Say Yes to Less Stress With These 7 Stress Relievers

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The dog is barking at the UPS guy, your son just threw a stuffed animal in the toilet and your 3-year-old daughter is trying to get out the front door, again. No, that’s probably not your life, but it’s a typical few minutes in my daily life — and one of the reasons I get stressed. I may not be able to stop my kids from doing dastardly deeds, but I can control how I react to them, or so I’m learning.

Here today to teach a few stress-management tips should you need them is Kathy Gruver, author of  Conquer Your Stress With Mind/Body Techniques. She says getting rid of stress isn’t that hard to do; you can choose your response to stress, and you can learn to let it go.

“We can’t control what is outside of us, but we can change what we think, what we do with our bodies and what we eat, and we can be healthier, stronger and lead less stressful lives,” she says. “It’s very simply a conscious choice we can and must make for ourselves.”

Saying that we can take charge of stress any time we want to, Gruver emphasizes that your mind and body are yours and you get to decide what you have them do. In other words, stress isn’t the problem; it’s how we react to it. After all, stress is totally normal and can be helpful in many situations. But if it’s getting to be too much, try these tips on for size!

7 Everyday Stress Relievers

1. Control your reaction to stress. You have the power. You have to choose to exercise it. Realize that stress is not the problem. Our reaction to stress is the problem. Learn what you need to do to control your reaction. As soon as you gain control, stress is no longer detrimental.

2. Out with the bad and in with the good. Say no to negatives. Don’t create your own stress. Push the negative thoughts away. Always have a list of good, positive ideas, pictures and things you love nearby. Whenever a negative thought comes up, choose to push it away and choose to focus on the good and the positive. So, rather than saying “I’m not getting sick,” say, “I am healthy and well.” This boosts the immune system and stops the cycle of negative thinking.

3. Direct your daydreams. Gruver says that our brain can’t tell the difference between what we’re thinking about and what is really happening, which is why we have to be very careful what we’re daydreaming and fantasizing about. Take control of your mind and body. Focus on the things you want to see happen in your life. If you find your mind wandering, acknowledge it and then push it away! Focus on what YOU want it to focus on instead. Visualize actively. Draw, doodle, write poems, do whatever turns you on and helps you turn your ideas into plans, plans into actions, actions into reality. Change your life and your health for the better.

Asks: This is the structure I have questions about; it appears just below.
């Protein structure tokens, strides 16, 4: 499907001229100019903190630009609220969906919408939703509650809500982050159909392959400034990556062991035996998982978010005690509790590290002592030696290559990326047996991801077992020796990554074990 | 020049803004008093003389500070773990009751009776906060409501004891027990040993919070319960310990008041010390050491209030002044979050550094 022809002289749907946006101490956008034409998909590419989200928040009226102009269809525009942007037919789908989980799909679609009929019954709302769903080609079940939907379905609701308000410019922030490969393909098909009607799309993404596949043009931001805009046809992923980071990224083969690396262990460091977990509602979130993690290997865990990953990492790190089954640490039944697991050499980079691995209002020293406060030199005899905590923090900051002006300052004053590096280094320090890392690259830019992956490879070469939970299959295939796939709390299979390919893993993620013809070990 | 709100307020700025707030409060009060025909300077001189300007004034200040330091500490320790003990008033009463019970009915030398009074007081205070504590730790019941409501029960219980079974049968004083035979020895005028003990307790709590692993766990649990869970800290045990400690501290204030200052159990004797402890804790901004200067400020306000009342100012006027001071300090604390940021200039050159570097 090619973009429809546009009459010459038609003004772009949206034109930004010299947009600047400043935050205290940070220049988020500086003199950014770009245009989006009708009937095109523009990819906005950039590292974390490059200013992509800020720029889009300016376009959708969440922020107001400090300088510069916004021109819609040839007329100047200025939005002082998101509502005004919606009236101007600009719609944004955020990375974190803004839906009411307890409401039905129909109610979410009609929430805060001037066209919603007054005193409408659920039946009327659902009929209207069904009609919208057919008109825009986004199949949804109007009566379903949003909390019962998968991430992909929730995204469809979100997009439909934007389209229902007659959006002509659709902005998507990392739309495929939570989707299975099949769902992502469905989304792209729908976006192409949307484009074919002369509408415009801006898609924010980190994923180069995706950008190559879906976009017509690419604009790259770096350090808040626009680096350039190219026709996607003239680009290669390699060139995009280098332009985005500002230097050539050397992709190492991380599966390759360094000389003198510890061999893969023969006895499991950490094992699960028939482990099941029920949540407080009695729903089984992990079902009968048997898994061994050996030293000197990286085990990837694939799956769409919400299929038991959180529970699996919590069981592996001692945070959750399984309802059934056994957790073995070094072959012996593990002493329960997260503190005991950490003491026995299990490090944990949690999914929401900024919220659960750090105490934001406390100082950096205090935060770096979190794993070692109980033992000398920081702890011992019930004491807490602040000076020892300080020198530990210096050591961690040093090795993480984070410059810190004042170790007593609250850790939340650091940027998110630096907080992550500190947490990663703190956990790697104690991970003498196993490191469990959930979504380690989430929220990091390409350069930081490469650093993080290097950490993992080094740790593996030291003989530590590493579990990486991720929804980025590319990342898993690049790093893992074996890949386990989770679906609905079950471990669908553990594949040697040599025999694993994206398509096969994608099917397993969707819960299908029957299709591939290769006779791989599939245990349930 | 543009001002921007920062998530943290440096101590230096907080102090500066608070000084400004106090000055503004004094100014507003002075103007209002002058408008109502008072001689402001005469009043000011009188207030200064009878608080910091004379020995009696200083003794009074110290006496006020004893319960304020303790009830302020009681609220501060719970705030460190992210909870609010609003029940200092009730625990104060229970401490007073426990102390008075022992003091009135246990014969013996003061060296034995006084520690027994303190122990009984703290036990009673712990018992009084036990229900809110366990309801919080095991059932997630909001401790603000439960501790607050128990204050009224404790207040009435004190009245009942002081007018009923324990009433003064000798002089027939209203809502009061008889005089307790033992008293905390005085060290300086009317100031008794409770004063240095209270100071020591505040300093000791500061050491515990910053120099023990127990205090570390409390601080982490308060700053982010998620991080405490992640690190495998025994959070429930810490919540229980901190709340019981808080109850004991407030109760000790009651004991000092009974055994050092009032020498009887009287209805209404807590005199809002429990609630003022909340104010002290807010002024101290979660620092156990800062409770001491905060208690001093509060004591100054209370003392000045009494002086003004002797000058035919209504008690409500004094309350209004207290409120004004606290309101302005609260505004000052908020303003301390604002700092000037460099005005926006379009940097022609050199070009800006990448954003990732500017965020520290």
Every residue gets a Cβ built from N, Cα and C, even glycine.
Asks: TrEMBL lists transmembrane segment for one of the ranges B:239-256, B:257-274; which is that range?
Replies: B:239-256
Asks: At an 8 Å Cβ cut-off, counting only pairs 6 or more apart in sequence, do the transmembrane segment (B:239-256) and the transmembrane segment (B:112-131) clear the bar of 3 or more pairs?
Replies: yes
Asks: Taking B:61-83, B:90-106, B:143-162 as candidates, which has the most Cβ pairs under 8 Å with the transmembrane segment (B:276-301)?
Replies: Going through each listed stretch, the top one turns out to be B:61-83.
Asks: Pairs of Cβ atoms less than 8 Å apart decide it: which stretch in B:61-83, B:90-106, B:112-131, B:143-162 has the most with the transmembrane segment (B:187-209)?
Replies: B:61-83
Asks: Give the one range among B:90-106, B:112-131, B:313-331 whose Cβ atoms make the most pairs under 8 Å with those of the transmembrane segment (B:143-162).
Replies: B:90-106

4. Take baby steps. Get healthier slowly and steadily. Use the healthy activities that you already do in your life as a mind/body practice. Things like yoga, tai chi, massage, running and dance can all be used as a meditation.

5. Do mini-meditations. Think you can’t meditate? You can now! There are simple mini-meditations that take just a few minutes to learn and can be done anywhere. They erase the stress response and help return our stress hormones and chemicals to normal.

6. Pay attention to what your body is telling you. Often, the body parts that are misbehaving are hinting at our stress. Do you feel like your hands are full and then develop carpal tunnel? Who is the pain in your neck? Are you shouldering the burden or feeling like you can’t stomach something? Observing these common phrases can be the key to identifying and releasing our stress.

7. Don’t reward yourself for bad behavior. When you are sick, don’t languish and enjoy being in bed any more than necessary. Don’t soak up the attention and consolation people give you for mistakes, painful experiences or unforeseen accidents and illness any more than necessary to get back on your feet. There are better ways to get love and attention. Choose health!

If you’re interested in more techniques for destressing, check out the book. Until you get to the library or book store, tell me: What is your favorite stress reliever? —Erin

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